1007 new cases in New South Wales

New South Wales has reported 1007 new locally acquired cases of Covid-19 and at least 11 deaths.

The deaths comprised one person their 40s, one in their 50s, two in their 60s, three in their 70s, three in their 80s and one in their 90s.

Three died at home and were only diagnosed with Covid-19 after their deaths.

NSW Health's Dr Jeremy McAnulty said the deaths at home showed the importance of getting tested.

"If your condition deteriorates, call a doctor sooner rather than later, get medical help," he said on Saturday.

There are 1187 Covid-19 patients in hospital in NSW, with 229 in intensive care and 118 on ventilators.

Greater Sydney and much of the state remains locked down as authorities battle to contain the spread of the virulent Delta strain of the virus.

The "challenging question" of when unvaccinated people can once again take part in day-to-day life remains undecided by the NSW government, but the state's treasurer says things should "open up" once everyone has been offered two jabs.

Treasurer Dominic Perrottet said he does not want a "two-tiered society" in NSW.

"Once every single person in this state has had the opportunity be vaccinated with two doses then we should open up for everyone," Mr Perrottet told Sydney radio 2GB on Friday afternoon.

Opposition leader Chris Minns suggested the comment could undermine public health messaging.

"It's really important the NSW government is singing from the same song sheet and continues to encourage people to get vaccinated," Mr Minns said.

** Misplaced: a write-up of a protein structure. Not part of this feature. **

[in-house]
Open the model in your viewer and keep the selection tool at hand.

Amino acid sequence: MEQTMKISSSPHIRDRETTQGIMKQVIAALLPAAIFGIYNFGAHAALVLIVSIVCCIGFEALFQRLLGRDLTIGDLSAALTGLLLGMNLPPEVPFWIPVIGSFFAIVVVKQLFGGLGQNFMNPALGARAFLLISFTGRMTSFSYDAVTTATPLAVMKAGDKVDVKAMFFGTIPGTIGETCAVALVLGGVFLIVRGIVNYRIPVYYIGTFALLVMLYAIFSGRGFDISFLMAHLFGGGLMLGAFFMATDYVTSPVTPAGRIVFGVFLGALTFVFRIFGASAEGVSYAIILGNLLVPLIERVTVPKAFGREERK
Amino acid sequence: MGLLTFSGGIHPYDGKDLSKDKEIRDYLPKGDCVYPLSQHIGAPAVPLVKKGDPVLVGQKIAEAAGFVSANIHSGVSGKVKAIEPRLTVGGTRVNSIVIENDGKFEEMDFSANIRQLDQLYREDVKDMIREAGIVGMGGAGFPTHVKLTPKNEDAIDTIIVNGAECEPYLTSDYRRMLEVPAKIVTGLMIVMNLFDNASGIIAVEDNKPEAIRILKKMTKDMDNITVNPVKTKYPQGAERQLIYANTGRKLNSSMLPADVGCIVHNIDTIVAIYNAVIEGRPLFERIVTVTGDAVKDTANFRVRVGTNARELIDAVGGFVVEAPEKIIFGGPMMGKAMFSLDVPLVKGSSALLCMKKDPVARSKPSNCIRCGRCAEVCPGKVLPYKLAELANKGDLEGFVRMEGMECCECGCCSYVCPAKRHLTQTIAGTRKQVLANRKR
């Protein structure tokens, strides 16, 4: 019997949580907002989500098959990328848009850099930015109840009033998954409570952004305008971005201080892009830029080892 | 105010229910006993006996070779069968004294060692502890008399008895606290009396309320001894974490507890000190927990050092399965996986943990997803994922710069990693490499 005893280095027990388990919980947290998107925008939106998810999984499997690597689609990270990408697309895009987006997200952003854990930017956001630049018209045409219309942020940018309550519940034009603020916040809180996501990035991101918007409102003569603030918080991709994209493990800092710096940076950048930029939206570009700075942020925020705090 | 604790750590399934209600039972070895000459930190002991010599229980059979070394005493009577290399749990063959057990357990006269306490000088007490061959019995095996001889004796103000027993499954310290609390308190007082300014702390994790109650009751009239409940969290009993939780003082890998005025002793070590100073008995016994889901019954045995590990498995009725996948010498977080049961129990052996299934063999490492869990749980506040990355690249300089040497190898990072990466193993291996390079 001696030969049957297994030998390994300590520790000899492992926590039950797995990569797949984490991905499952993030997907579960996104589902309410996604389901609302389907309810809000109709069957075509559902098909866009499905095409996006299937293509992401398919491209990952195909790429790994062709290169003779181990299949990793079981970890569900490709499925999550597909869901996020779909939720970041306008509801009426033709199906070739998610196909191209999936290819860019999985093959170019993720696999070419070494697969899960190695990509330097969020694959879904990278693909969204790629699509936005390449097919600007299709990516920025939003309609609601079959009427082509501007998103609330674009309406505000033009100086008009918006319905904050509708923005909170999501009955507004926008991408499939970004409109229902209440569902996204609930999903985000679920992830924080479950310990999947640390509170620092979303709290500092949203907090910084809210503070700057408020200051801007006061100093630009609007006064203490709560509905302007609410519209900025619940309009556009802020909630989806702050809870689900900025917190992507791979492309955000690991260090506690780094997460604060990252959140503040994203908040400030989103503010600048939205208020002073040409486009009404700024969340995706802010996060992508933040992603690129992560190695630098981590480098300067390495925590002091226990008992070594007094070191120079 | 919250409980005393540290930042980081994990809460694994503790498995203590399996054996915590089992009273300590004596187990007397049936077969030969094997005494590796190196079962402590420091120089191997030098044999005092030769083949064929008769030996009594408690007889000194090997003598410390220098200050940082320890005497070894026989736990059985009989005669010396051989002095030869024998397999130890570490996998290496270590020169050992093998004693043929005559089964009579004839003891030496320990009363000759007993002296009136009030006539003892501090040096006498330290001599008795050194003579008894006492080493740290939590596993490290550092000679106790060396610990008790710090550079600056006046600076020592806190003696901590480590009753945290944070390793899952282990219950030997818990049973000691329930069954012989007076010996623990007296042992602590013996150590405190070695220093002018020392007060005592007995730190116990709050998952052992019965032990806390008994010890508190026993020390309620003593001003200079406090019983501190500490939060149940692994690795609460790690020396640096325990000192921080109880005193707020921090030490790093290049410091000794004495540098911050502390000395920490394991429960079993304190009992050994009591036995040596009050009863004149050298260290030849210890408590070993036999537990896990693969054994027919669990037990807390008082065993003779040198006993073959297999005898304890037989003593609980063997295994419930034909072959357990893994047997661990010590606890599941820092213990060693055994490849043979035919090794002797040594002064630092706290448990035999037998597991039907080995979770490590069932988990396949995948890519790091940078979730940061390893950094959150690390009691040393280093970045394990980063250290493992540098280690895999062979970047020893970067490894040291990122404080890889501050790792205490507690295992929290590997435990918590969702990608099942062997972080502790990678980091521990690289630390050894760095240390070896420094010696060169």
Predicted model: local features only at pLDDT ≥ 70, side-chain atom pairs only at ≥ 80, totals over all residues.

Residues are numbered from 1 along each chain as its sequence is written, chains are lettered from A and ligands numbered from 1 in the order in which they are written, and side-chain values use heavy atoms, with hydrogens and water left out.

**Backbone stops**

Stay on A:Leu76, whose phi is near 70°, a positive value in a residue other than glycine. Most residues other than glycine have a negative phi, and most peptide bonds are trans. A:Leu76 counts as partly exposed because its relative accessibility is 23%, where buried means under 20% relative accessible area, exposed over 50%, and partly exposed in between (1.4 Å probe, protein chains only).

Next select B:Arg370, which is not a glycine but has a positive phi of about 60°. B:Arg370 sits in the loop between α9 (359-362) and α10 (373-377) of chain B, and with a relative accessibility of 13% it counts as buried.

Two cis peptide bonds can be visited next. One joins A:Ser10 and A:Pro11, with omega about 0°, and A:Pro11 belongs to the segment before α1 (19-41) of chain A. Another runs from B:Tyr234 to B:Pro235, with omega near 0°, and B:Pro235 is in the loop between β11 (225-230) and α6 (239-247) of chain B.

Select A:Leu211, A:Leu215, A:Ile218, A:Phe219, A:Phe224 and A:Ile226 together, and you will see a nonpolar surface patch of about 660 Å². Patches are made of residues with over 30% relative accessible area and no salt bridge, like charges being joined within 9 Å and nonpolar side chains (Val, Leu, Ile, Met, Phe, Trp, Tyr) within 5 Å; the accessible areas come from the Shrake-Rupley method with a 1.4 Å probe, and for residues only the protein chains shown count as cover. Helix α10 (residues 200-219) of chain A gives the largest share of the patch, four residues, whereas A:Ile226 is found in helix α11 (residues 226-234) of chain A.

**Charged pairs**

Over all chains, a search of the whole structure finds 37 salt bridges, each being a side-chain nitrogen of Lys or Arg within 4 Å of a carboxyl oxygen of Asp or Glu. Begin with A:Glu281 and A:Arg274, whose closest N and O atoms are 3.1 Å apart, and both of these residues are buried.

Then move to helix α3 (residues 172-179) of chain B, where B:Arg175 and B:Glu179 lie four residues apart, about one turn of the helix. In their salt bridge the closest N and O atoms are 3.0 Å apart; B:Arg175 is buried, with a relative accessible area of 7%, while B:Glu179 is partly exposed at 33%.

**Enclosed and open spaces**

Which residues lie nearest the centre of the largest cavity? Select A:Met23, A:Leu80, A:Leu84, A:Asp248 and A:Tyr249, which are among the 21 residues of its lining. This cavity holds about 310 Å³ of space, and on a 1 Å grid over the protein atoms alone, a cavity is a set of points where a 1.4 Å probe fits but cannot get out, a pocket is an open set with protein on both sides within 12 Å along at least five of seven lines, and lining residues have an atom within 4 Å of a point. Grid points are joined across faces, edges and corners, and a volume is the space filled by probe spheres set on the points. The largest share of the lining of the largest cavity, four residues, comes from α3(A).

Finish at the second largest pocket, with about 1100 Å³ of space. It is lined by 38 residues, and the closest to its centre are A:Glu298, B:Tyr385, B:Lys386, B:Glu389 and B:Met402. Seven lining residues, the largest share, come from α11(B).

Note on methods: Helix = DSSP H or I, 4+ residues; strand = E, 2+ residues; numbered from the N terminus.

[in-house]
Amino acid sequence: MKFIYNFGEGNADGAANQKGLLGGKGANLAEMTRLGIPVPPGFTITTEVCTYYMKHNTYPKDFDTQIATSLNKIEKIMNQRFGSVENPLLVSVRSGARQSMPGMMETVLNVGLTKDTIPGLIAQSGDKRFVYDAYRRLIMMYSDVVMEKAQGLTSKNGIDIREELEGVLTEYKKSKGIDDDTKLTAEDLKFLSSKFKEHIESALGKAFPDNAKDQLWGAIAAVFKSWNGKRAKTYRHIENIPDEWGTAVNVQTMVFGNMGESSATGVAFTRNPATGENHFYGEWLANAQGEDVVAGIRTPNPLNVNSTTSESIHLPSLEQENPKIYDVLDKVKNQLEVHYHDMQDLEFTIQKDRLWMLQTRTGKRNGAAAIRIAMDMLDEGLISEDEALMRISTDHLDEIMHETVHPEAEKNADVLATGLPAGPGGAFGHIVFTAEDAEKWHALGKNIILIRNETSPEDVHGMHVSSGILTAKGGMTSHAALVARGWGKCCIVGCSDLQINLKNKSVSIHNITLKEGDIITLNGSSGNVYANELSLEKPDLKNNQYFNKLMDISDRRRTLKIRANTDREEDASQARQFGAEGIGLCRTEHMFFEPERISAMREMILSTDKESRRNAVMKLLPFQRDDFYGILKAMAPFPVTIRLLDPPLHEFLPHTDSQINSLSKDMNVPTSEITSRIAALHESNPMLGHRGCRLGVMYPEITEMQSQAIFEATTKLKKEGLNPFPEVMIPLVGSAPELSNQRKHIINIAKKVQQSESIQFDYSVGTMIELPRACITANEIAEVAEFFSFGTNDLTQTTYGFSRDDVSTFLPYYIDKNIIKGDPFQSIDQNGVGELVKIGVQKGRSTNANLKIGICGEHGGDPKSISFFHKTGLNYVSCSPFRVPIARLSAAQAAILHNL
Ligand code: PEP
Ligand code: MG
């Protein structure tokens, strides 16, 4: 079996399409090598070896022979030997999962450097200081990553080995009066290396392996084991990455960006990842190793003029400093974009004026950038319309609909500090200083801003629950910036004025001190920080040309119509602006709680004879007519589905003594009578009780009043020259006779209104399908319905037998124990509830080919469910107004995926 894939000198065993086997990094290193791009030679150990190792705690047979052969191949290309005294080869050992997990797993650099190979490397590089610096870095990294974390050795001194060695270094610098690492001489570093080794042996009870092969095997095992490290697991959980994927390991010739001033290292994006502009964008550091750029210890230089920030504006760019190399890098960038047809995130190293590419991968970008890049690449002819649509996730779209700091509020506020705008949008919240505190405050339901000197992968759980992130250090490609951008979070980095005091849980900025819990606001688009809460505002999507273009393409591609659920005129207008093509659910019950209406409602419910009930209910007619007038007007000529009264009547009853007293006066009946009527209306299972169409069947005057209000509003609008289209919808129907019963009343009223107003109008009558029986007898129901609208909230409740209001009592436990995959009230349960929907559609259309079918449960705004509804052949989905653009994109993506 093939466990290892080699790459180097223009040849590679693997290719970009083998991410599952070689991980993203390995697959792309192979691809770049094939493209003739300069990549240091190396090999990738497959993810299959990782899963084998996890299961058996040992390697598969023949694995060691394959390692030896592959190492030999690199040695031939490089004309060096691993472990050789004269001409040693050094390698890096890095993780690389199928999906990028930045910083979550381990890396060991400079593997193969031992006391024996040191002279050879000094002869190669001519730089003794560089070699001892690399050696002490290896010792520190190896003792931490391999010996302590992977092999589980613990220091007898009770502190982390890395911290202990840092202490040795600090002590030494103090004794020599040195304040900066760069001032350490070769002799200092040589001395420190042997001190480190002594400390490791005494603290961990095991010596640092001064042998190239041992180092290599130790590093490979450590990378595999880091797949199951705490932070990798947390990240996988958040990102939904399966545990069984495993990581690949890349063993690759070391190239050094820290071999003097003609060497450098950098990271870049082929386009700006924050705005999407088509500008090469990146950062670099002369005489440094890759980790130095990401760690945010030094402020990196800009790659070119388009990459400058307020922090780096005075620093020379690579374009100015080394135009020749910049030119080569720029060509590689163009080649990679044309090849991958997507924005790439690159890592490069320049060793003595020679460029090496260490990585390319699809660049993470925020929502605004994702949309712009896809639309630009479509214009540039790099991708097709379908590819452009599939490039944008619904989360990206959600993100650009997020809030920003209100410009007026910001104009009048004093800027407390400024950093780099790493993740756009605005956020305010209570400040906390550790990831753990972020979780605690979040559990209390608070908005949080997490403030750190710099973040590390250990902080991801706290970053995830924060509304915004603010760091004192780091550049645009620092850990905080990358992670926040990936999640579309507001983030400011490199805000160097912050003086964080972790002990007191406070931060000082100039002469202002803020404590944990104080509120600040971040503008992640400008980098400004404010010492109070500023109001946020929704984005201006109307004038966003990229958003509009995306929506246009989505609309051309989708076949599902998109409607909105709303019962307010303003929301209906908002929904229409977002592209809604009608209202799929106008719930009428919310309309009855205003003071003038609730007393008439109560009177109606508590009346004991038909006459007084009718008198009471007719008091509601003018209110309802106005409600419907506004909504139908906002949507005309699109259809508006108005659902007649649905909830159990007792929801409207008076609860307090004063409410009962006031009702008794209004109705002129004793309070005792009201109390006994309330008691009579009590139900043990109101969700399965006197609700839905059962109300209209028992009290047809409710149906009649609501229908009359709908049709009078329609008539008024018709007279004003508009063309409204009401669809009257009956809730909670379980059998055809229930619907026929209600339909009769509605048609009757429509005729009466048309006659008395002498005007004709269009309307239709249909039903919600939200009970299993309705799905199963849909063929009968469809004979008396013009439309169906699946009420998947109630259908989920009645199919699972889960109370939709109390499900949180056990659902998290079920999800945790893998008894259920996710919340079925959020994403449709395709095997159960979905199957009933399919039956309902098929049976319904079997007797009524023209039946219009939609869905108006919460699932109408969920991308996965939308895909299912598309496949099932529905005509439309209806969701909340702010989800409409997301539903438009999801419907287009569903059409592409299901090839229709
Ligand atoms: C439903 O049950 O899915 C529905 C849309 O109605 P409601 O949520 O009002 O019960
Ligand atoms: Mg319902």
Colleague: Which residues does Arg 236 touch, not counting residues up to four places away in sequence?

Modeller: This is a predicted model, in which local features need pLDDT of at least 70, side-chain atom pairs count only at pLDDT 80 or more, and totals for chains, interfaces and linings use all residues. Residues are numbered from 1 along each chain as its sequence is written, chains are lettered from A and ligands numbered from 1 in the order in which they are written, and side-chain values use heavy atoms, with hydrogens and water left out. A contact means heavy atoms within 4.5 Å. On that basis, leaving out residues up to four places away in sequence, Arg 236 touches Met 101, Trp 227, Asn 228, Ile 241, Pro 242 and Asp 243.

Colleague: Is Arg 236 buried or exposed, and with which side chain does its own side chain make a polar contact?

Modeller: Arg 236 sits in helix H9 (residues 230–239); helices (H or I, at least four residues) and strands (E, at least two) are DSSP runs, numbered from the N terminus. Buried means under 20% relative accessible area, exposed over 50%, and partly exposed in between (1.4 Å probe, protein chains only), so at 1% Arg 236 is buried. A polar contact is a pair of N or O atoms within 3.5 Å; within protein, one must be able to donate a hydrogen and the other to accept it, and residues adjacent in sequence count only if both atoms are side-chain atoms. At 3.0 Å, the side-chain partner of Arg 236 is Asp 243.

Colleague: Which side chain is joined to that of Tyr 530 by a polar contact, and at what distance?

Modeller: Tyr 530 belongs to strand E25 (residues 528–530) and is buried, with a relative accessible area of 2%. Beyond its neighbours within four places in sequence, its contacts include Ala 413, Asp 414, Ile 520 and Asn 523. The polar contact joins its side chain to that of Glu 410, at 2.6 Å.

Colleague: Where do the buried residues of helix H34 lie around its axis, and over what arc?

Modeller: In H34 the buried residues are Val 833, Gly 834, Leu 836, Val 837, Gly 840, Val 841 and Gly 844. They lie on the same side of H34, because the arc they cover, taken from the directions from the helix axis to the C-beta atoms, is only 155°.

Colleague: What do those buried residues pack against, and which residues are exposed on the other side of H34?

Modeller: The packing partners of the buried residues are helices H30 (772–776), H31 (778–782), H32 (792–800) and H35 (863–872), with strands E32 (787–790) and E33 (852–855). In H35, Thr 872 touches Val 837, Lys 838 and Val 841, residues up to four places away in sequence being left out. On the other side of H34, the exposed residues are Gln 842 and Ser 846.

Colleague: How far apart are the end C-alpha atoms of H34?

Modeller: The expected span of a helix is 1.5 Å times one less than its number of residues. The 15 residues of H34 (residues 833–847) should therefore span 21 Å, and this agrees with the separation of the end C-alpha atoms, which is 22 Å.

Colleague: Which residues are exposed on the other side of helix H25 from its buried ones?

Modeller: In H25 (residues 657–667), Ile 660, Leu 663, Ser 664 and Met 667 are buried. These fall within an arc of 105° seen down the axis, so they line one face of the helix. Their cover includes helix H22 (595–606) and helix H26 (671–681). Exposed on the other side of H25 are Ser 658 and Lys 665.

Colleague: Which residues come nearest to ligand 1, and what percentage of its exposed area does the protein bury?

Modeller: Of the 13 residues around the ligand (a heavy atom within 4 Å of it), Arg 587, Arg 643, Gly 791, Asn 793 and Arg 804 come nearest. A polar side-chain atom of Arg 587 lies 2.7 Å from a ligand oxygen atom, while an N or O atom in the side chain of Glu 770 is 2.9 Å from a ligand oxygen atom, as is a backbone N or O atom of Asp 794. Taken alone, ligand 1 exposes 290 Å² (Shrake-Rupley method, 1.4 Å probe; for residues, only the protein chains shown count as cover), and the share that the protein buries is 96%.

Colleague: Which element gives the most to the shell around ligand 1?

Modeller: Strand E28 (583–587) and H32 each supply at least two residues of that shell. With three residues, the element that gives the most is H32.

The freedoms to be reinstated once the state reaches the 70 percent target next month are limited to those who are fully vaccinated.

Those who have not received two jabs will not be able to attend restaurants, shops, pubs and other places that are set to reopen.

Currently, 84 percent of NSW residents have had at least one Covid-19 vaccine dose, and more than 57 percent are fully vaccinated.

One-third of NSW children aged between 12 and 15 have already been vaccinated despite being eligible for the jab for less than a fortnight.

Meanwhile, alcohol is now allowed temporarily at some Sydney public parks to "reward and thank" vaccinated picnickers.

Minister for Planning and Public Spaces Rob Stokes said rules restricting alcohol at sites managed by Placemaking NSW will be put on hold until October 31.

"After an incredibly tough winter, people who have followed Covid rules and received both jabs deserve to enjoy a beer or wine responsibly," Mr Stokes said in a statement on Friday afternoon.

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